Michael Jackson is Skype’s Director of Operations. As you hear in the interview, it has nothing to do with surgeries or pop singing, but it does have a lot to do with ensuring that Skype is continuously available to our global user community.
Michael is also a proud member of the *”People visiting Skype Tallinn office”* community — his home is in Denmark, but he spends a lot of time, days and often weeks, in Tallinn, working with the operations, systems administration, customer support and other groups of people here.
Download this interview as [MP3](http://download.skype.com/share/audio/michaeljackson.mp3) or [OGG](http://download.skype.com/share/audio/michaeljackson.ogg) (length 10:15).
**This is an interview with Skype’s Director of Operations by the name of Michael Jackson. Before proceeding to more serious or work-related stuff, I’m sure you can share us a couple of stories or incidents that are a result of your name assignment.**
Well, of course. It’s quite common actually to meet people who have similarly famous names as you travel around and meet people. I can say two examples. Often you meet people in check-in lines, at hotels or stewardesses and these kind of people who exchange names. They find it rather amusing every time they finally meet someone with a famous name. Other was the time when I was asked to give a press conference in Denmark with a well-known Danish pop singer called Kim Larsen. He wasn’t Kim Larsen the real one, he was a salesman from the Cisco router company. But it did give certain amusement to the participants that they could finally come and see Michael Jackson and Kim Larsen on stage at the same time.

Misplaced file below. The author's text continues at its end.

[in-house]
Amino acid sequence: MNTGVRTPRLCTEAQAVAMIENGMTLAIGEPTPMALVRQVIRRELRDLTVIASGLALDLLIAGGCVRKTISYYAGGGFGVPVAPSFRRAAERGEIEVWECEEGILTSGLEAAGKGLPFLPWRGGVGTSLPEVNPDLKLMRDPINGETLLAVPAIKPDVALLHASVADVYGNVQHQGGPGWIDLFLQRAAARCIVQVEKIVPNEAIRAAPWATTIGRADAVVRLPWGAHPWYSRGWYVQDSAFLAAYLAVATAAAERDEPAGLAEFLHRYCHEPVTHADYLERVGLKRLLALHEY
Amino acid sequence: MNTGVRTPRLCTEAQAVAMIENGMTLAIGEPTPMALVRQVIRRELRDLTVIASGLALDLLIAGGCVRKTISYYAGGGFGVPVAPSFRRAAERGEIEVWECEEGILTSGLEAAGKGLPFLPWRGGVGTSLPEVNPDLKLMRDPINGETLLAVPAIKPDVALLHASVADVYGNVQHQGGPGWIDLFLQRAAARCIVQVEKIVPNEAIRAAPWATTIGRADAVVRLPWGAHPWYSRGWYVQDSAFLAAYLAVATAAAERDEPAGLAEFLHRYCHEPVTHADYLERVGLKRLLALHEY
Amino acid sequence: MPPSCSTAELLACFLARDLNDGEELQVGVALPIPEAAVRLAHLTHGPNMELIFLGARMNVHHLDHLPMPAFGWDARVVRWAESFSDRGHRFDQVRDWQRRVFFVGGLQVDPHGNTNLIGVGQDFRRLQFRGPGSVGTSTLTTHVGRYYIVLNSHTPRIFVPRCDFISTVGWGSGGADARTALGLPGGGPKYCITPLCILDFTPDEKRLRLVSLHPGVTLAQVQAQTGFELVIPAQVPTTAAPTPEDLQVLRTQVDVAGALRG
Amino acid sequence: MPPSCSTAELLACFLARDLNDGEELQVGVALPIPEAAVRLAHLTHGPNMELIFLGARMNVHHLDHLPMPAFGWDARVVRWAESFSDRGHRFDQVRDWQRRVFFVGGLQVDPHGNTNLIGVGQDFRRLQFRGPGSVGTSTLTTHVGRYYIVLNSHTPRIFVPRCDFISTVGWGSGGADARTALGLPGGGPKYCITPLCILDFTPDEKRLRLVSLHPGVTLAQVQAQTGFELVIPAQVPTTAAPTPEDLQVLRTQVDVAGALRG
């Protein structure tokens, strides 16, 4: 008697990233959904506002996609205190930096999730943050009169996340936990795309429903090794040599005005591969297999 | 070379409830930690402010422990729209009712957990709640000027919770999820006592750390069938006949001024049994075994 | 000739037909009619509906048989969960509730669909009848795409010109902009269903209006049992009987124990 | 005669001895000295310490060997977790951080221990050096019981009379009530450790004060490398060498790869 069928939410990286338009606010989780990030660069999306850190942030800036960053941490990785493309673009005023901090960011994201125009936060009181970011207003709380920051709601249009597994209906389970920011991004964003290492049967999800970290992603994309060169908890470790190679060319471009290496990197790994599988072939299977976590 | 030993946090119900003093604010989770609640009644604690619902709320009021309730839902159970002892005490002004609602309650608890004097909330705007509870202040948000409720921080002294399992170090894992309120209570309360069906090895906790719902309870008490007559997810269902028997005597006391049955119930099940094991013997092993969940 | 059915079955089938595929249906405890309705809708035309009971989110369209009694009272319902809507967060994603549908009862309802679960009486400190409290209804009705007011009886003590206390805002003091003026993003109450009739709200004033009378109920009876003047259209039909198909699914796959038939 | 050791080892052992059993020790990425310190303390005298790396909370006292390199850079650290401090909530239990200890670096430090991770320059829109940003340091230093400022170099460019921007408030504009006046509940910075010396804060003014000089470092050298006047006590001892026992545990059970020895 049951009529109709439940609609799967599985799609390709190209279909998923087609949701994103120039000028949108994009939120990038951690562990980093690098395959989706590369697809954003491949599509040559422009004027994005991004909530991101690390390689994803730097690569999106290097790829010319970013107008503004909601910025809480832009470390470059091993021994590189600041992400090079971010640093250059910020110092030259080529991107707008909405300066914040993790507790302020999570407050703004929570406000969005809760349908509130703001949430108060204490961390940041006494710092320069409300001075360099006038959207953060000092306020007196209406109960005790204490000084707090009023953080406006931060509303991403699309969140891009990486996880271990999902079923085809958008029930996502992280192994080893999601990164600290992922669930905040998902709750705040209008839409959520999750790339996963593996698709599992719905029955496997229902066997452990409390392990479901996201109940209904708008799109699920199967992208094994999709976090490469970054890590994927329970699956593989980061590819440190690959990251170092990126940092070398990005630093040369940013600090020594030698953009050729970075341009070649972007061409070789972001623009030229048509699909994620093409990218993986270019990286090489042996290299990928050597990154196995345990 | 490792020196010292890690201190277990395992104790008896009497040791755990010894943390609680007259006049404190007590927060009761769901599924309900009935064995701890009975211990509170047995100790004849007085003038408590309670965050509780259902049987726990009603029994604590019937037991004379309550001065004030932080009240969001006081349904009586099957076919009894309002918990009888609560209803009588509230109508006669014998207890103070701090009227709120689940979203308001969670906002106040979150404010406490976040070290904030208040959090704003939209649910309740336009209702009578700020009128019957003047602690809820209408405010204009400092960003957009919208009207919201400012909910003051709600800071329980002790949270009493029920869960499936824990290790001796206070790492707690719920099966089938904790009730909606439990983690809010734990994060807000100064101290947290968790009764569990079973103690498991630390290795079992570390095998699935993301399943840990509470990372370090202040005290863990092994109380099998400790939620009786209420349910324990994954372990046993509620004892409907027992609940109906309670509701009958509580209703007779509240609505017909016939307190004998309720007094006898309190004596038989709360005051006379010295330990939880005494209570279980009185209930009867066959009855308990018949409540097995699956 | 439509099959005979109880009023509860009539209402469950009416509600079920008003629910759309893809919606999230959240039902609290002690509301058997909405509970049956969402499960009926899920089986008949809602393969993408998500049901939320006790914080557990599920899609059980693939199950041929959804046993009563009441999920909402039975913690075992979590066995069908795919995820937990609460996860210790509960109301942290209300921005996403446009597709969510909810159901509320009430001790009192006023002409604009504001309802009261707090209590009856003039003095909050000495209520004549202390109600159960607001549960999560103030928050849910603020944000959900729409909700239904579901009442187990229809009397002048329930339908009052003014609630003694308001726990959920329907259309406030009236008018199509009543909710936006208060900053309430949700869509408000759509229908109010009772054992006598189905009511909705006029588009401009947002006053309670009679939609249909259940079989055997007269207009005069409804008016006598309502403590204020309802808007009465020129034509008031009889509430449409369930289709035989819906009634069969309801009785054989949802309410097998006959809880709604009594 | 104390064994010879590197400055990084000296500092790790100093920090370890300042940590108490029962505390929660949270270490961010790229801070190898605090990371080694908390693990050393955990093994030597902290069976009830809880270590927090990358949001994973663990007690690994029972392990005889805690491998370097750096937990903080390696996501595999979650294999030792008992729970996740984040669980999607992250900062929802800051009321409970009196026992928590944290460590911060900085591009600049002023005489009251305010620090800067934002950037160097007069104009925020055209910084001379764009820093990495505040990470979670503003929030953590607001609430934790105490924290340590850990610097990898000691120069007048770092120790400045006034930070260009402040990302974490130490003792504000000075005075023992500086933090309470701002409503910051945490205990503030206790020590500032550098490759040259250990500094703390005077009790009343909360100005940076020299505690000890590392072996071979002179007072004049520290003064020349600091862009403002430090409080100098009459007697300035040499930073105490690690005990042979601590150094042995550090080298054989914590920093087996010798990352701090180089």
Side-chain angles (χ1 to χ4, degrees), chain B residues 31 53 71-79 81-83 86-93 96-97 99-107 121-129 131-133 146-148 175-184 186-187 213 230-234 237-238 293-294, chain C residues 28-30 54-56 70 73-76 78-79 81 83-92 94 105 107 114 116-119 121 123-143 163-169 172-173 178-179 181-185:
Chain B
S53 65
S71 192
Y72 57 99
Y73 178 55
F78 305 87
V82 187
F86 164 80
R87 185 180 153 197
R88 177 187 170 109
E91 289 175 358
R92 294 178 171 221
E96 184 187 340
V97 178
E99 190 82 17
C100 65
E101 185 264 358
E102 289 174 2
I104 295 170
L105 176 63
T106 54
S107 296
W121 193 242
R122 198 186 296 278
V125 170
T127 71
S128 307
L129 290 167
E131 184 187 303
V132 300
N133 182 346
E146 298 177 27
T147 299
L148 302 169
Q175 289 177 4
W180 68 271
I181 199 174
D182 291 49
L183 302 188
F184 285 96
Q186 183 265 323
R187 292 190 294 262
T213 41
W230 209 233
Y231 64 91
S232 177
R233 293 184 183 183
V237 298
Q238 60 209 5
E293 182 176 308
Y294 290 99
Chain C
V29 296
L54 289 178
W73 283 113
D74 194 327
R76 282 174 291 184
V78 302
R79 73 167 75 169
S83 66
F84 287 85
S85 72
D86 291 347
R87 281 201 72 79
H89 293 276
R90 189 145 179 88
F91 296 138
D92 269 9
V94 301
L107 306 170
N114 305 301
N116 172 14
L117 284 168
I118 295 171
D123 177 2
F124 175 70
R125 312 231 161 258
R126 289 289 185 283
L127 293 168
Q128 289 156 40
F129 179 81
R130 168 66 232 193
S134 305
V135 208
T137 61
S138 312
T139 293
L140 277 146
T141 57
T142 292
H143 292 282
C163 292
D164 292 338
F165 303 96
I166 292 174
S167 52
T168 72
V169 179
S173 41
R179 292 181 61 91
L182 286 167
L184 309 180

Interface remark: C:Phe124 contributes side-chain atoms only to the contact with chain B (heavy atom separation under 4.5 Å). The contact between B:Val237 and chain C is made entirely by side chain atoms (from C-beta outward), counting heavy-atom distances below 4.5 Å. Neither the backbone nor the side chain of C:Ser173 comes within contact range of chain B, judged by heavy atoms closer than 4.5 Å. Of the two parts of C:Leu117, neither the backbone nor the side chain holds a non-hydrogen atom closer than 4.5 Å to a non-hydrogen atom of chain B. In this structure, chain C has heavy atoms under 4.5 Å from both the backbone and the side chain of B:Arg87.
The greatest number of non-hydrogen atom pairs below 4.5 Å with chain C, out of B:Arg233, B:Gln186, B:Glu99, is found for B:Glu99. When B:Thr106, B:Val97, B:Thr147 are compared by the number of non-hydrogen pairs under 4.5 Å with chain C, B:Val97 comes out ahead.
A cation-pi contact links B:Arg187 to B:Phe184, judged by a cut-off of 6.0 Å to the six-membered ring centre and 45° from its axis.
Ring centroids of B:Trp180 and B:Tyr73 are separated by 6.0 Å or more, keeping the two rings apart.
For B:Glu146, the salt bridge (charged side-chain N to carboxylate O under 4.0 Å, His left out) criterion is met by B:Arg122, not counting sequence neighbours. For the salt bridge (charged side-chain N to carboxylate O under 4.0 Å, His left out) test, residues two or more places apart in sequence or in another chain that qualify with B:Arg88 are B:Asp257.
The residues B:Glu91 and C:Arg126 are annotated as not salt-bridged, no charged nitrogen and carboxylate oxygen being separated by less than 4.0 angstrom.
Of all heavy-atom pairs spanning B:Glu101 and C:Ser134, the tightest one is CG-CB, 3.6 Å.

**Please tell a bit about your own background. Where are you from, where were you born and raised, and where has life taken you.**
I am from England. I was born in northern England, but the last 14 years I’ve lived in Denmark, just outside Copenhagen, where during my working life I’ve worked more or less all the time in competitive communications companies of one sort or another, whether it’s radio paging or mobile telephony or fix net telephony, but now for Skype.
**Your title is Director of Operations. Please fill us in a bit about what does Operations mean? Many people associate it with surgery, but that’s probably not the case with you.**